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A Catholic convert aged 14, he went first to Reims, in 1586, then to the English College, Rome, 1589-94. Returning to Belgium, he entered the Jesuit novitiate, 2 May 1594, and then set out for England in 1596. He was, however, arrested by the Dutch, tortured, and sent prisoner to London.
He managed to escape, and became the companion of Father Gerard in several adventures. He was seized at Great Harrowden (November, 1605) at the time of the Gunpowder Plot, but was eventually banished at the request of the Spanish ambassador (1606). Retiring to Belgium he was for a time head of the English Jesuits, then professor of Scripture at the Jesuit house of studies in Leuven, after which he returned again to England.
He was again imprisoned and condemned to death (1610). He had already begun to write on current controversies, and when James I of England desired a series of disputations in 1622, Percy, who was then in a prison in London, was required to defend the Catholic side. In these disputations King James himself and William Laud took a leading part. These controversies were afterwards printed and discussed by Percy and John Floyd on the Catholic side, and by Laud, Francis White, John White, Daniel Featley, and Anthony Wotton on the Protestant.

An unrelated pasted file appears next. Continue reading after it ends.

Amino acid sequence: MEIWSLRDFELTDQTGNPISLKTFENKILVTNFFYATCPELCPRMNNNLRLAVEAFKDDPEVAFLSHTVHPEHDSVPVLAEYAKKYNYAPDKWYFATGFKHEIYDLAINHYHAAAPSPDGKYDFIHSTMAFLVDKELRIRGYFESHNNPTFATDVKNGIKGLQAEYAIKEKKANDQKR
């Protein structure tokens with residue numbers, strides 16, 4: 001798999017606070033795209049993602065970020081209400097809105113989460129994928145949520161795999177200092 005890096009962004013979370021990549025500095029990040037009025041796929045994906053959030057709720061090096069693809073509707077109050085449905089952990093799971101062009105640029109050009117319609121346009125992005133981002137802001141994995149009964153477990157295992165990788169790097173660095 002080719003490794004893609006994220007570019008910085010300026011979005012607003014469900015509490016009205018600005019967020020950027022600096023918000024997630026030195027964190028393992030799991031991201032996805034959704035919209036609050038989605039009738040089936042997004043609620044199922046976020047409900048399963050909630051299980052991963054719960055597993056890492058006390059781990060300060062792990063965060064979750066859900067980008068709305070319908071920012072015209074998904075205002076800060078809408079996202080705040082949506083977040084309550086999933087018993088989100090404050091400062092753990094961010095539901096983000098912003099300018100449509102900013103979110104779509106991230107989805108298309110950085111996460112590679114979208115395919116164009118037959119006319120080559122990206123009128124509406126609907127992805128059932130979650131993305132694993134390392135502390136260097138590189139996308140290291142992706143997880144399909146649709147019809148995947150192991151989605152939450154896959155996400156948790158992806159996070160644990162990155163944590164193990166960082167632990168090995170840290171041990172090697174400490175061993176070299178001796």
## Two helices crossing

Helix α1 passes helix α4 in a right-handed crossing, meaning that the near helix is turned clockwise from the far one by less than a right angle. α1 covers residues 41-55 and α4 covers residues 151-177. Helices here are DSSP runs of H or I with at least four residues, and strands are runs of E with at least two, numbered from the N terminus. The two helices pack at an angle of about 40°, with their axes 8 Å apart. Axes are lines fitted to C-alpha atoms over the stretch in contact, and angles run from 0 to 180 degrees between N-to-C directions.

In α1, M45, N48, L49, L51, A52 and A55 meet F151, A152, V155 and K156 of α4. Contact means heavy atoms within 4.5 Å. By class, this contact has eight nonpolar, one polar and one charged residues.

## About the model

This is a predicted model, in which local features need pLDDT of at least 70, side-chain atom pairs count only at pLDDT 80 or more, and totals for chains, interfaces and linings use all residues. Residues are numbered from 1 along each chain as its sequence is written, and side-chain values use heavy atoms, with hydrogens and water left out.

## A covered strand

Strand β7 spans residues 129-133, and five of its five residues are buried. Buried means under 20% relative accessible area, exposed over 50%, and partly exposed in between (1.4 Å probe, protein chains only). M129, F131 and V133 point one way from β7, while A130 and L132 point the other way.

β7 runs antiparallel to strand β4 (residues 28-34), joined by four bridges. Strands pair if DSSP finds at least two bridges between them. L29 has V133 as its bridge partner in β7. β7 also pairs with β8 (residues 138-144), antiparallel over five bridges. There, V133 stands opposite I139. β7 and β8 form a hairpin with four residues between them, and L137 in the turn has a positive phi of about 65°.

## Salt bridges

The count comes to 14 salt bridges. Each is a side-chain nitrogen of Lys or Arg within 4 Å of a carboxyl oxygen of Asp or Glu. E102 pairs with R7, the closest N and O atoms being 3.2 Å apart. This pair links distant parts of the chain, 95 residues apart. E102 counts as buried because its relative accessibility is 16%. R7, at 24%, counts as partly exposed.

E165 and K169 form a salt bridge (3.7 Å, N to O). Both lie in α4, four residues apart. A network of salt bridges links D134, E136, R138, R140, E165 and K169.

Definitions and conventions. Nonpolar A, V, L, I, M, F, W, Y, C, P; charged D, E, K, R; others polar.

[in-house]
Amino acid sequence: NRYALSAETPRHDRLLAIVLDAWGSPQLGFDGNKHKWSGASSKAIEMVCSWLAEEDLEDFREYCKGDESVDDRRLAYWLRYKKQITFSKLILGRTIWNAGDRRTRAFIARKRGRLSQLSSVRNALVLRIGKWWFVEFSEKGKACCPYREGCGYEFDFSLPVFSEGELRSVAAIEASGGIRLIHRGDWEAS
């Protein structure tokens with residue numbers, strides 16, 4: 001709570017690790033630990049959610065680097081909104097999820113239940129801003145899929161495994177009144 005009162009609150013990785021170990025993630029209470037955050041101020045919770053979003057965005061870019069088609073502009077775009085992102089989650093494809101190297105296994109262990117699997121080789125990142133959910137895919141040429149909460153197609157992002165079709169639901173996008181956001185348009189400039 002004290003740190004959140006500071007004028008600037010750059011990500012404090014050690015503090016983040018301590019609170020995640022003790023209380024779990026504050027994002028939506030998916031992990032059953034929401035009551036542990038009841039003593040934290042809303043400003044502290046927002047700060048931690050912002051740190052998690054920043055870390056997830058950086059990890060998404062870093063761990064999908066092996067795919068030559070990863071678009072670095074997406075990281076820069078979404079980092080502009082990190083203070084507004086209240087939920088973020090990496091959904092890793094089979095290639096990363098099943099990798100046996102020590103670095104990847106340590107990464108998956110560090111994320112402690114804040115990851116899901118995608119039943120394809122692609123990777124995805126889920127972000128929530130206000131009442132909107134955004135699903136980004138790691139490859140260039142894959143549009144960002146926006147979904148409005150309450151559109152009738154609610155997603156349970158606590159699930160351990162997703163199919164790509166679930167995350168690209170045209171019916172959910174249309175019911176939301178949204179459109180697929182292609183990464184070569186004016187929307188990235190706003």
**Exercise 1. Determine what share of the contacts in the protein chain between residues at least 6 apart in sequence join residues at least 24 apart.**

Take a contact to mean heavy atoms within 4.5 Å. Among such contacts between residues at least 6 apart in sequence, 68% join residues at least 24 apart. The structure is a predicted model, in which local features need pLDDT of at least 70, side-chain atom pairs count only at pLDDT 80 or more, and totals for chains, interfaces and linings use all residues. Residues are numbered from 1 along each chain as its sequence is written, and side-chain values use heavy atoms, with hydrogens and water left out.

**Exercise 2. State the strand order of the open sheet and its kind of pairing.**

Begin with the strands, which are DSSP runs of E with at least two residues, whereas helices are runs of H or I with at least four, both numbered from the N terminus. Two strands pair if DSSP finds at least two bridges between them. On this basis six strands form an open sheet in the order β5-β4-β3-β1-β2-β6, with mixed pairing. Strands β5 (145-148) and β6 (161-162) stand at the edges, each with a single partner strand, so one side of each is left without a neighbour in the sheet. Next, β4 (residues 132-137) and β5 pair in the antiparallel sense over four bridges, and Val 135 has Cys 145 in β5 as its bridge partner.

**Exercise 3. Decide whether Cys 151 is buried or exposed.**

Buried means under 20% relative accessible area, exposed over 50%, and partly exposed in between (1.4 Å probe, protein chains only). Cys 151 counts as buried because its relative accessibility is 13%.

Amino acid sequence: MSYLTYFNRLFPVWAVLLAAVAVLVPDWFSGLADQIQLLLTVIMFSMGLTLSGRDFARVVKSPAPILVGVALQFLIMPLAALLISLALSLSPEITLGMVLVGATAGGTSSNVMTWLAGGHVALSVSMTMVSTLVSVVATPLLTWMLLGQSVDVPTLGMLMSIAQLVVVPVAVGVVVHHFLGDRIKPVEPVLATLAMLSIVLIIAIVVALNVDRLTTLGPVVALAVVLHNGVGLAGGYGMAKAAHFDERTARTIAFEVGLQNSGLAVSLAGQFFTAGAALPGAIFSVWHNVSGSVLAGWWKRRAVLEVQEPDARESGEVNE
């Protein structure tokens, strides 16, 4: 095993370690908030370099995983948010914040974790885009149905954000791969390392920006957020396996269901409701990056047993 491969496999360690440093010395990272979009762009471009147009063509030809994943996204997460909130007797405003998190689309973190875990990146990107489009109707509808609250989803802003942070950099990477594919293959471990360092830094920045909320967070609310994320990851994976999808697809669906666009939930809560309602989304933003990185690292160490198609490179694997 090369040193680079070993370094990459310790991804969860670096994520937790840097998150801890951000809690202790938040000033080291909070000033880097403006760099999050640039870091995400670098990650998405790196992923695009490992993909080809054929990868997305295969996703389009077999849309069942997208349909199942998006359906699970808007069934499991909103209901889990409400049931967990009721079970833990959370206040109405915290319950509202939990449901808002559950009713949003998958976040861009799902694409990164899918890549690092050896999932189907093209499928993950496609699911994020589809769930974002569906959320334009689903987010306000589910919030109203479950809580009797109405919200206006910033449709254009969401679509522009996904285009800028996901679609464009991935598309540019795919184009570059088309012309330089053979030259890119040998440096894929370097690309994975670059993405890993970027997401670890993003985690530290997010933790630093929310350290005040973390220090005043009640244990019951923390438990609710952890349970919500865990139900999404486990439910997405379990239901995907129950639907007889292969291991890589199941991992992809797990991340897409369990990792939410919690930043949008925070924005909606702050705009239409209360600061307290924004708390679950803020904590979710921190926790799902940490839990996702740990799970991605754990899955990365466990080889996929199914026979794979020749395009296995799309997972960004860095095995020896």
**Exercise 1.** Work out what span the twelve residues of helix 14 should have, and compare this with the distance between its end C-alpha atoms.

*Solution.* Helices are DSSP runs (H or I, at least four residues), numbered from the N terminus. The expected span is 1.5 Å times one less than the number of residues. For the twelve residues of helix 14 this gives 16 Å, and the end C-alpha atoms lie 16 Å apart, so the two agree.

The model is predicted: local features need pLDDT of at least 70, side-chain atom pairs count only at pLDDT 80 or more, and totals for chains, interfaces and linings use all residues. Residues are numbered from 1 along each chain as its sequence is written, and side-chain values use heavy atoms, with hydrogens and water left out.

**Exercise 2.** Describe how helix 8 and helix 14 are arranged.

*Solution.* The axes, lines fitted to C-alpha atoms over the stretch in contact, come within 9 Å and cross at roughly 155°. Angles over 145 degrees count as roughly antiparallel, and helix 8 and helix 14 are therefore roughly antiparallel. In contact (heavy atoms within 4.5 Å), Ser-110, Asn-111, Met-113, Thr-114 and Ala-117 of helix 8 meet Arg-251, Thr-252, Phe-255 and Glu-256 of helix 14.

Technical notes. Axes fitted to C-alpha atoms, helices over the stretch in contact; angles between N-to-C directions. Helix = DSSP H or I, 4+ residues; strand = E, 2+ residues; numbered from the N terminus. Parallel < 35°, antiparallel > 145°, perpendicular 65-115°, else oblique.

Percy was eventually released in 1625 and ordered to banishment in 1635; but he was allowed to remain in London until his death. As a result of Percy's efforts, Mary, Countess of Buckingham and William Chillingworth became converts to the Catholic Church.
- Henry Foley, Records of the English Province S. J. (London, 1877);
- Sommervogel, Bibliothèque de la C. de J. (Paris, 1892);
- William Laud, Conference with Fisher the Jesuit (London, 1901).
- W. B. Patterson, King James VI and I and the Reunion of Christendom (1997), pp. 342-5, for a full account.